Today, NFTs are perceived as proprietary and exclusive, meaning the buyer of an NFT is the sole owner. This state of NFT is quite the opposite of the decentralization idea proposed by DLTs. Due to these limitations, a new class of NFTs is being brought to the market called fractional non-fungible tokens. The idea is to enable everyone to own a fraction of NFT.
While F-NFTs are practical and easier to implement use cases with virtual goods, the real use case will be in real-world goods like art, collectibles, and traditional investments. For example, the Hedera Token Service allows native NFT issuance whereby the token can be fractionalized with pieces owned by many individuals.
Non-fungible token (NFT) use cases and applications
In the last few months, NFTs have grown into popularity as several companies and individuals jumped onto the bandwagon. To use NFTs, you need decentralized applications that can create or issue unique and scarce digital objects. The first project to enter the NFT market is CryptoKitties, which represents digital kittens through NFTs. The introduction of the NFT token class can also be used for the tokenization of assets, digital identities, and much more. Let's take a look at some of the more popular use cases:
Physical and digital collectibles
As seen in CryptoKitties, NFTs are used to create an entirely new class of collectibles - it's now possible to buy the tokenized version of a favorite sports star or celebrity. They are also helping traditional collectors' to tokenize their items, such as stamps, coins, and baseball cards.
A platform that can facilitate the tokenization of physical or digital accessories is INFINITE by SUKU. The platform uses Hedera Token Services to create non-fungible tokens and provides a digital identity into physical tags, which a product owner can hold or transfer.
Blockchain and DLT games are dominating the NFT market, with in-game collectibles forming the primary use for the tokens. Collectibles have gained tremendous traction through games like Fortnite, even though they're not using underlying technology. With the help of standards like ERC-1155 — native tokens can be used on the platform and taken advantage of for their utility in-game. Some games have upgraded their infrastructure for the DLT era.
For example, TopShot allows anyone to buy digital trading card packs and trade "cards" that live on the DLT as NFTs in an online marketplace. These platforms enable users to buy, sell, and pit against each other in virtual matches using NFTs and FIAT or cryptocurrencies.
The virtual land sphere is specifically well represented with Decentraland, The Sandbox, and others, all providing virtual land to gamers. Landowners can rent out these virtual plots in the game to advertisers while still retaining land ownership. Weapons, skins, and other in-game objects may also become collectibles over time.
Digital or physical art
NFTs allow for fractionalizing ownership. A valuable item that otherwise wasn't accessible for someone to own has become democratized and available for anyone to own a small piece. Storing a physical item still requires a trustworthy intermediary — but being able to issue, trade, and hold a physical item, as a crypto-asset with immediate liquidity, unlocks use cases and markets never before possible. Several platforms are creating, collecting, and digital trading art on a DLT.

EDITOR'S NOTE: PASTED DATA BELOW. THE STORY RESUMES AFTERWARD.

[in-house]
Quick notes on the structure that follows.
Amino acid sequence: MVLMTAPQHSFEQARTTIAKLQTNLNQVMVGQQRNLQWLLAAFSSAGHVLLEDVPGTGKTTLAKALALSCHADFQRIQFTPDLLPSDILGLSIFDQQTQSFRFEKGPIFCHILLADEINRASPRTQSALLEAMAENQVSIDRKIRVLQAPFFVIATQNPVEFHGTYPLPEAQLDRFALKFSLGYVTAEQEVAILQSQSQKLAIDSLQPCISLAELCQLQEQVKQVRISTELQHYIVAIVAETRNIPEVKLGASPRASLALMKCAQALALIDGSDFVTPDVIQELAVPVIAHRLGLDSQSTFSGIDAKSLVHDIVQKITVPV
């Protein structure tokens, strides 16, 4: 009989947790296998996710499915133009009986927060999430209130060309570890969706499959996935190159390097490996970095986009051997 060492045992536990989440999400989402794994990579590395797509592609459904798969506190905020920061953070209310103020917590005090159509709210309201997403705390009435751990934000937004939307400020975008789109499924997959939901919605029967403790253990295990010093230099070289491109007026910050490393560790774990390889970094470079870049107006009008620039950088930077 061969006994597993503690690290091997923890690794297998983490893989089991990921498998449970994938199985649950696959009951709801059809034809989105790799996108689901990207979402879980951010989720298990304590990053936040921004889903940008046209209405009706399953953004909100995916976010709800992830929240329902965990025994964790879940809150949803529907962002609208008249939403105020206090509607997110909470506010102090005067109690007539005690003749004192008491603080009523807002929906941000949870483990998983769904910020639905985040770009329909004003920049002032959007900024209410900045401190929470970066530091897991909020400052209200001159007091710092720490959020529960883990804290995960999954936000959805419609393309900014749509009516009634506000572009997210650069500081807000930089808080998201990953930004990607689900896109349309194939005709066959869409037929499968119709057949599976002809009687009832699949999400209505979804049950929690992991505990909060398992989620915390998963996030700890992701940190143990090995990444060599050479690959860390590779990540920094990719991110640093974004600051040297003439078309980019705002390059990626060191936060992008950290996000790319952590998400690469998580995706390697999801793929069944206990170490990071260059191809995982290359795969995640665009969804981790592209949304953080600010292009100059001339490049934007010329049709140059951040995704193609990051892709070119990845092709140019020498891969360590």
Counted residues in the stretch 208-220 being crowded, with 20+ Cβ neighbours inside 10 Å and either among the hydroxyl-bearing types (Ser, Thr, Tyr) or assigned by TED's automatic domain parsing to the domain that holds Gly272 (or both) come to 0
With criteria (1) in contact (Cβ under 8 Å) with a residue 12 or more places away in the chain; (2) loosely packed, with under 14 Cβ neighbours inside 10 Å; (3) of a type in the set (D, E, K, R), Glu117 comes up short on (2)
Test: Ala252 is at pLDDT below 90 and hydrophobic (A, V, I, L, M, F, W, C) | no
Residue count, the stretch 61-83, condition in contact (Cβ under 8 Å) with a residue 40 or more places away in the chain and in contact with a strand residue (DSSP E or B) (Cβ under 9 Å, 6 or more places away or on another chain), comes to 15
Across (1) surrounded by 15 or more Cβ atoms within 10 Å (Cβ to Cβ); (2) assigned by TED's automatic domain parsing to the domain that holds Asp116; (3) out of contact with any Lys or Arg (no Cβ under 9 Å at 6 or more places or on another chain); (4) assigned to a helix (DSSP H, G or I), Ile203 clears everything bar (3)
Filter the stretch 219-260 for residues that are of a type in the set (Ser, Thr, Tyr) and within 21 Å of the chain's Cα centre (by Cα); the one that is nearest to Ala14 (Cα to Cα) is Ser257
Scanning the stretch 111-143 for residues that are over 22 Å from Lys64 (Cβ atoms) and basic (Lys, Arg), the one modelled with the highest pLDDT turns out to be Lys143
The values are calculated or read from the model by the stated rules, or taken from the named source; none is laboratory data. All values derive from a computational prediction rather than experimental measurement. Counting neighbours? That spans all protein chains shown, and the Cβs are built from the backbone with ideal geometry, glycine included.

TOKO by DLA Piper makes it possible for art owners to sell their work through NFTs. The technology that underpins TOKO, the Hedera Token Service makes these pieces immutable and hence collectible, while the token represents the work.
Social tokens are a broad category of tokens issued by communities and individuals to represent ownership in building an organization or an individual's success. The term "social tokens" can encompass community tokens, personal tokens, fan tokens, and creator tokens. For instance, Reuben Bramanathan, previously of Coinbase, tokenized his time where one token represented one hour of his time.
An excellent example of a social token is Calaxy, a DLT-based app for both influencers and creators to sell digital tokens. Additionally, users can use these tokens to redeem multiple interactions like speculating on future token value or for producing dividends.
Another emerging asset class of NFTs is blockchain domains, including their licensing and distribution. They are essentially easy-to-read replacements for long digital wallet addresses, which can also behave as payment gateways.
Anyone running a website can purchase a blockchain domain and provide it publicly to receive cryptocurrency payments. These domains can be bought and sold like other assets, thereby enabling a marketplace of buyers and sellers. The two big names in this emerging space are Unstoppable Domains and Ethereum Name Service.
Identification and certification
NFTs can contain unique information programmed into them about a good or asset; this configurability makes them ideal for issuing identities, certificates, or licenses and qualifications. A unique document or certification issued on the blockchain as an NFT can be traced back to the source to ensure its authenticity. Regarding identification, NFTs may be used to make medical history, personal profile, education, and other identity attributes digital and placed in the hands of the individual, thereby giving someone complete control over their data.
The future of non-fungible tokens (NFTs)
The possibilities of non-fungible assets are endless. Beyond in-game collectibles or funky digital art — NFTs have the potential to represent real-world property, a person's qualifications, or any unique and valuable asset. NFTs enable these physical and digital objects to be configured, issued, stored, shared, bought, and sold on a device in the palm of our hand.
Though NFT is the latest buzzword in the DLT space, it's still in its infancy. The exorbitant price of certain NFTs we're seeing sold today isn't justifiable, except that the concept is new to the market. The entire ecosystem is transforming — from gaming and CryptoKitties to decentralized finance, fine art, digital identity, and many other use cases which NFTs can enable.